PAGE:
Pete Seeger’s Spirit Lives On At 26th Annual International Folk Alliance Conference
Two years ago in Memphis, the 24th annual International Folk Alliance Conference celebrated Woody Guthrie’s 100th birthday. This year in Kansas City, the 26th annual gathering honored the spirit of Pete Seeger, who shared Guthrie’s messages with so many generations before his Jan. 27 passing at 94.
With musicians traipsing around the host hotel like wandering minstrels, strumming instruments and singing message-laden songs for anyone who would listen, this conference truly embodied that spirit – and the art form Guthrie and Seeger popularized.
Even former Vice President Al Gore, who gave an hour-plus climate change presentation, invoked Seeger with his exhortation to “rise up and spread the message” about global warming’s dangers.
Click here to continue reading
Woody Guthrie: American Radical Patriot
American Radical Patriot
Rating: 4.5 out of 5 stars
Woody Guthrie’s recording career began when he was 27 and lasted only 10 years, and yet, nearly 50 years after his death, he remains one of the most fascinating figures in American history. Surveys of his life and work still manage to produce fresh revelations, and American Radical Patriot, Rounder Records’ just-released collection of government-related Guthrie recordings, provides extraordinary new insight into the complex mind of this simple-sounding folk icon.
With six CDs, a documentary DVD and a 78-rpm disc — packaged as a photo album with a 60-page edition of the downloadable 258-page book by Rounder Records co-founder and box producer Bill Nowlin (included as a PDF on disc 1) — it is, as a friend noted, “a lot to digest.” But this combined chronicle of Alan Lomax’s Library of Congress interviews, 17 of the 26 songs Guthrie wrote in 30 days for the Bonneville Power Administration, and his war-effort, pro-union and anti-venereal disease contributions, resoundingly answers the text’s question, “Woody Guthrie: communist or ‘commonist’?”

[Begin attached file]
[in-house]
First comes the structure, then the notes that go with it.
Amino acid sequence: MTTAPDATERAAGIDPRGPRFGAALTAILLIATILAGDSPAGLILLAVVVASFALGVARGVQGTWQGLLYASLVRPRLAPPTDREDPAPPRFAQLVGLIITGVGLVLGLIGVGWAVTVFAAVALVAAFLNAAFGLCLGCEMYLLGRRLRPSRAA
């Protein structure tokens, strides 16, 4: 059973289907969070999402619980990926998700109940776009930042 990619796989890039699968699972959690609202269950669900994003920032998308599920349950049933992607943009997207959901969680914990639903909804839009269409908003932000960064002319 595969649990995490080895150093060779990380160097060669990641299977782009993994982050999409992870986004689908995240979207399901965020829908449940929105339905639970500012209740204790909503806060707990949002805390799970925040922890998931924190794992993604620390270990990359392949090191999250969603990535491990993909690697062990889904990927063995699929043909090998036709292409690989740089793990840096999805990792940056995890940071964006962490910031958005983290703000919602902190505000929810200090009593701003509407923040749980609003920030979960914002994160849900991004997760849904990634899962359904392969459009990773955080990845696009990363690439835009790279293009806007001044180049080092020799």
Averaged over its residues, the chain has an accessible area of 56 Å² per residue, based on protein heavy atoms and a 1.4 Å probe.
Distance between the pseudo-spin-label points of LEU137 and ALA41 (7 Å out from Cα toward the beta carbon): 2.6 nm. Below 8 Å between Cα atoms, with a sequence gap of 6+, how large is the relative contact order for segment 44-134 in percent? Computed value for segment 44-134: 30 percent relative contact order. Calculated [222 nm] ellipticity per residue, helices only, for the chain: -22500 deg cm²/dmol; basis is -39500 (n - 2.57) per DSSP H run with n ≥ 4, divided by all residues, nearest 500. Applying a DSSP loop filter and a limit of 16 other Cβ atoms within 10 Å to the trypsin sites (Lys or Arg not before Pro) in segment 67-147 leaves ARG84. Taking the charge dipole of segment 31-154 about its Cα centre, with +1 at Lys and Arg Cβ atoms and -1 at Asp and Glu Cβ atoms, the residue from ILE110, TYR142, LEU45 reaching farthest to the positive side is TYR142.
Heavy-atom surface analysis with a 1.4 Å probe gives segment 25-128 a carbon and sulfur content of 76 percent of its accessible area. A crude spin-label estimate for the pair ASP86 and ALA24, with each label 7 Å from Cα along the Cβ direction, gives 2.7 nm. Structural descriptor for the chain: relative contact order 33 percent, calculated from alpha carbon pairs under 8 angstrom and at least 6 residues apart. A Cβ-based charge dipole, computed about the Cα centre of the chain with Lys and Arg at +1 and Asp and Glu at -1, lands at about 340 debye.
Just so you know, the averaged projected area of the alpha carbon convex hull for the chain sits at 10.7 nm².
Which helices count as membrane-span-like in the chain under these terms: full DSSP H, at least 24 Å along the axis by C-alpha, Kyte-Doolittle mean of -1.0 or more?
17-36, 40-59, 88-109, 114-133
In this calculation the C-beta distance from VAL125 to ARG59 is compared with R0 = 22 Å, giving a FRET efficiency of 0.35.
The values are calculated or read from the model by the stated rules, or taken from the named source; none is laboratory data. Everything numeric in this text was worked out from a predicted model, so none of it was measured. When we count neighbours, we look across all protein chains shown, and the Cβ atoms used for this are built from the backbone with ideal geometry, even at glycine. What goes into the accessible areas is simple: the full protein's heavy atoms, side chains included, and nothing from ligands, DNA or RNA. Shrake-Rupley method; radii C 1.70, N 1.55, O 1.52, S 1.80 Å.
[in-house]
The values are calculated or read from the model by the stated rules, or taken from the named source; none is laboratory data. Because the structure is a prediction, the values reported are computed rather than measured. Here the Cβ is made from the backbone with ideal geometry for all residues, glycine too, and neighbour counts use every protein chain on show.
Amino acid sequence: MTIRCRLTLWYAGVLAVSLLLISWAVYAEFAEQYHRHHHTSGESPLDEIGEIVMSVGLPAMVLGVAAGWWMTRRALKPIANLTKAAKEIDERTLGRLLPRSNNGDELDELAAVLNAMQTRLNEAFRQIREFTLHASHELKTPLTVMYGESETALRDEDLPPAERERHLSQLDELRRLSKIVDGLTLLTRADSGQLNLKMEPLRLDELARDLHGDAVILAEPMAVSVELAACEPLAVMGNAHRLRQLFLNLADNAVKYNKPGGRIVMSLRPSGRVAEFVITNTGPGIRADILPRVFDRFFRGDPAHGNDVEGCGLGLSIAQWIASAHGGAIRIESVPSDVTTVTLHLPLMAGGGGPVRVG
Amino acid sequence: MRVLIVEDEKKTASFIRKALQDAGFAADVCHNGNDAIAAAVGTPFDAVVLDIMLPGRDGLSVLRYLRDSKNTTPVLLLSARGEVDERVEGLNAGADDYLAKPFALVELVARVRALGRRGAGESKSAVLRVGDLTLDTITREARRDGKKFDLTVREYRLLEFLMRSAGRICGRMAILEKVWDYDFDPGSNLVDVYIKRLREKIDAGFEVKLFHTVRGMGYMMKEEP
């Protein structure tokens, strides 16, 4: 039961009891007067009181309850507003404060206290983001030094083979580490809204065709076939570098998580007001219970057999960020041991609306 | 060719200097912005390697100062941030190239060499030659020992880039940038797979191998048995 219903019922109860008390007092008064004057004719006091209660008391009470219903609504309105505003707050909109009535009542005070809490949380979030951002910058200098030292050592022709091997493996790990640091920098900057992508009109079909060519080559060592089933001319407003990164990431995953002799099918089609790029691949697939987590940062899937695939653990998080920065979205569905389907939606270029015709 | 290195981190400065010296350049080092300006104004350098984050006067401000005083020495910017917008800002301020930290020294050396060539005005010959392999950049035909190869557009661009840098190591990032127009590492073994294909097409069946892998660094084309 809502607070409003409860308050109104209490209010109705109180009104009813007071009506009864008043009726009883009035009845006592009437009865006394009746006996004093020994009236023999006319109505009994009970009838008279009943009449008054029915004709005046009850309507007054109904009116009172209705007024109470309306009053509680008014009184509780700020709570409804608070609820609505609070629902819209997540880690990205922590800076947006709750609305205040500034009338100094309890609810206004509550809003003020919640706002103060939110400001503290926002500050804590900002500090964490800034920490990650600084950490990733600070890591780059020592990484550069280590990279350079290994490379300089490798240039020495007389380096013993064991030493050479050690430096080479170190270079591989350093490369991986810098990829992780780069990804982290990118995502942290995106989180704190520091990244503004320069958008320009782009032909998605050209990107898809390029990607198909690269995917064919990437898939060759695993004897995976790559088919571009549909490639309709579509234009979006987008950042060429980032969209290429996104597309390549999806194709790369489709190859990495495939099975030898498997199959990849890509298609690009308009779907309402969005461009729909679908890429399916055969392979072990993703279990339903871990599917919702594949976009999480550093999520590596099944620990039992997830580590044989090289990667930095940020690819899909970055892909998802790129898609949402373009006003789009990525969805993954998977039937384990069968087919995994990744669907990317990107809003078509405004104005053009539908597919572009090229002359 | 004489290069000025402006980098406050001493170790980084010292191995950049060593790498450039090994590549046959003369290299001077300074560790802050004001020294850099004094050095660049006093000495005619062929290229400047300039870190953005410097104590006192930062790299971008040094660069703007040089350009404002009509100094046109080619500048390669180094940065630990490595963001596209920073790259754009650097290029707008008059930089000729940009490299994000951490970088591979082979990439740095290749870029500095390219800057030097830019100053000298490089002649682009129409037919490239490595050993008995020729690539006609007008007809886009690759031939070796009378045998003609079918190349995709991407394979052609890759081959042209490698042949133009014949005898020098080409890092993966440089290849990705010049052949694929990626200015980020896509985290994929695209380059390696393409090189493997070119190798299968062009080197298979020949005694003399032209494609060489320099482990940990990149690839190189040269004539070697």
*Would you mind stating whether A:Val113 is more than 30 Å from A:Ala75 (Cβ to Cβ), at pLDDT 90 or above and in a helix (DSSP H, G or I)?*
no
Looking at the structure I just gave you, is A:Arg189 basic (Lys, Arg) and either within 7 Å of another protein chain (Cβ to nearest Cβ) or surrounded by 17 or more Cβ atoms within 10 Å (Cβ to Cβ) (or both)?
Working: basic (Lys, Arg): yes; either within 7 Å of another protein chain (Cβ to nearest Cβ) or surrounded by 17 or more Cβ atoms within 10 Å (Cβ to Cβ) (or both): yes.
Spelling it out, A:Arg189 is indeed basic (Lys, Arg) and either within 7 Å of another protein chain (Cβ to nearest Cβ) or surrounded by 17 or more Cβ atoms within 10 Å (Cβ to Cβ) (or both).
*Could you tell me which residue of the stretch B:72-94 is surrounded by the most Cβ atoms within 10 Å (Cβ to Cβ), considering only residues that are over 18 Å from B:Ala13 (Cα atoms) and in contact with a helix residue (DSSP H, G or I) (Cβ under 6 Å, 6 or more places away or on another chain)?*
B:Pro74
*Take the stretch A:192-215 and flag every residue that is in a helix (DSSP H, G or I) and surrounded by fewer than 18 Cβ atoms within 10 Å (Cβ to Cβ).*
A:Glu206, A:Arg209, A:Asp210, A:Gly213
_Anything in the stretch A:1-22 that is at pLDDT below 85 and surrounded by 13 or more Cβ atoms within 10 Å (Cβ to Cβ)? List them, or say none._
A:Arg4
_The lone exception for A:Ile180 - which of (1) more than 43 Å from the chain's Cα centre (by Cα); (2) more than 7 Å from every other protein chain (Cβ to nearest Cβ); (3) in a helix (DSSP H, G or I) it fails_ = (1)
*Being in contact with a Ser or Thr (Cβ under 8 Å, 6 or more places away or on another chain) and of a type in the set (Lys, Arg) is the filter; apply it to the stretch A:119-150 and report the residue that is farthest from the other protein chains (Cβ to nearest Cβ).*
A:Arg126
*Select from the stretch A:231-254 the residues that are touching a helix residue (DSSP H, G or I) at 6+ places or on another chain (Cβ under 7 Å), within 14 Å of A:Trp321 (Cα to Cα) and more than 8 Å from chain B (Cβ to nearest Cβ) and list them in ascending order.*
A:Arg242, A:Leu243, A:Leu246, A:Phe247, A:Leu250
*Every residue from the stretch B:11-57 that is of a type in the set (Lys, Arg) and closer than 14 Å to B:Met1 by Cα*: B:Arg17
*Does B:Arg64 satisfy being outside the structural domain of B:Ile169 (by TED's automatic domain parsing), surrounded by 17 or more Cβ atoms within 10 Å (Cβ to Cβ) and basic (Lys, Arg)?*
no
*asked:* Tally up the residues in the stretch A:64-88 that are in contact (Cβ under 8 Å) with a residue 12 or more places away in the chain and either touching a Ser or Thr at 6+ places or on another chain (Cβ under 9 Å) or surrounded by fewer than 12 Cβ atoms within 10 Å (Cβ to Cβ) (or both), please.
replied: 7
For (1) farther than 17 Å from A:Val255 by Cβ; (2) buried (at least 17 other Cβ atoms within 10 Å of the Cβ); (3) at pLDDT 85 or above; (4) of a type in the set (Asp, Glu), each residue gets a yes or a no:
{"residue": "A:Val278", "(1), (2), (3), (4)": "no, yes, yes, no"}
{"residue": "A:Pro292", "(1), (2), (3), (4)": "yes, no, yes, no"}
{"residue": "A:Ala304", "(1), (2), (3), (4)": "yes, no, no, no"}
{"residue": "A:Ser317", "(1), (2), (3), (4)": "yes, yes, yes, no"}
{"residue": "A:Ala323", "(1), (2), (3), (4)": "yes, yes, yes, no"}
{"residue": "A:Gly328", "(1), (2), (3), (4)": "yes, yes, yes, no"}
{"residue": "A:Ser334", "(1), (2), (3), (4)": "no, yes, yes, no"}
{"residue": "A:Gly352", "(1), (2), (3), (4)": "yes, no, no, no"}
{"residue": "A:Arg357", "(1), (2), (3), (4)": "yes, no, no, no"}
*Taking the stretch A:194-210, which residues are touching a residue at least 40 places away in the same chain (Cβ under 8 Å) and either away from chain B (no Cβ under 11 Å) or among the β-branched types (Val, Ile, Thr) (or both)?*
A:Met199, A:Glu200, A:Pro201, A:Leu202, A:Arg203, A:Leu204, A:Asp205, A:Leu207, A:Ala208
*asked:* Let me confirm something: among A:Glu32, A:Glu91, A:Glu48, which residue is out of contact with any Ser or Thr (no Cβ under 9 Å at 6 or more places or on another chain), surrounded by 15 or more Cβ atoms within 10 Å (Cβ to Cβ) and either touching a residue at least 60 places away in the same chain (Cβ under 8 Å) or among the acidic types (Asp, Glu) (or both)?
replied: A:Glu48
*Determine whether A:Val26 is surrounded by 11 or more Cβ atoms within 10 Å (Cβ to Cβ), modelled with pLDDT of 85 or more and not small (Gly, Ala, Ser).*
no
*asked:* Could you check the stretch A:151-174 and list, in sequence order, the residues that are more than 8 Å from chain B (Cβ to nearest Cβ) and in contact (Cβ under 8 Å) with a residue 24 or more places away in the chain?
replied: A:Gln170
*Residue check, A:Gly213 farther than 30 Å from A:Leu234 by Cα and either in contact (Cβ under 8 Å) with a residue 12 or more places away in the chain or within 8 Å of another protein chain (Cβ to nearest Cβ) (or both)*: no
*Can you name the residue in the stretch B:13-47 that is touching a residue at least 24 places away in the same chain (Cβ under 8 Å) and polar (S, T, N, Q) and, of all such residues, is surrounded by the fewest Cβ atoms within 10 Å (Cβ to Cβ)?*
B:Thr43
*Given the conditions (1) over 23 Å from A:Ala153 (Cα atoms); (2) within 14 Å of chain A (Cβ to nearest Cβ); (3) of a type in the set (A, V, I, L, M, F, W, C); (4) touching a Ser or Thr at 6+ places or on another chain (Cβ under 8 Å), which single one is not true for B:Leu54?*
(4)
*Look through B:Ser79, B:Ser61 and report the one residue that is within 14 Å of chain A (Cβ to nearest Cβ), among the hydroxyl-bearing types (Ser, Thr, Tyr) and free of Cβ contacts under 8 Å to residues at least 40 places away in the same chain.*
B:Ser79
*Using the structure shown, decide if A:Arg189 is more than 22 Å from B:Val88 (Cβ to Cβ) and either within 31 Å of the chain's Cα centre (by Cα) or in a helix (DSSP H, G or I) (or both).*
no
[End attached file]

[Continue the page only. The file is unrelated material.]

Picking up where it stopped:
click here to read more.
Hear Beck Cover Woody Guthrie
Few people are better suited to sing a Woody Guthrie song than Beck Hansen, whose dusty voice and mastery of folk music tropes connects him firmly to the great American troubadour’s legacy.
Listen to Beck perform “I Ain’t Got No Home,” a Guthrie song he first recorded in the mid-’90s. Beck recently made the live recording available online, in honor of Guthrie’s centennial. “I Ain’t Got No Home” was famously covered by Bob Dylan and The Band at a Guthrie tribute at Carnegie Hall in 1968.
Listen to the song here
Johnny Depp To Edit Lost Woody Guthrie Novel
This novel is your novel, from the rhapsodic prose to the working-class themes.
The book in question is House Of Earth, the lost Woody Guthrie novel, which will be edited by Johnny Depp and historian Douglas Brinkley, the New York Times reports. The book is scheduled for release next year.
“House of Earth was written as a direct response to the Dust Bowl,” Brinkley and Depp write in theTimes piece. “In December 1936 the rambling troubadour had an epiphany while busking for tips in New Mexico. He’d traveled there after a treacherous duster whacked the Texas Panhandle town of Pampa, where he’d been living in poverty. While in New Mexico, Guthrie became transfixed by an adobe hacienda’s sturdy rain spouts and soil-straw bricks, a simple yet solid weatherproof structure unlike most of his Texan friends’ homes, which were poorly constructed with flimsy wooden boards and cheap nails.”
Read the full story here.
In honor of the Woody Guthrie Centennial, Smithsonian Folkways is releasing Woody at 100: The Woody Guthrie Centennial Collection, a 3 disc box set containing 57 tracks, and 150-page large-format book. The new set, due July 10, covers Guthrie’s most influential songs, like “Pretty Boy Floyd,” “I Ain’t Got No Home in This World Anymore,” and “Riding in My Car,” as well as the complete version of “This Land Is Your Land.” (read our Behind The Song essay on “This Land Is Your Land” and those extra verses here.)
The set also includes 21 previously unreleased performances, and six original songs that have never been heard by the public, including Guthrie’s very first recordings from 1937.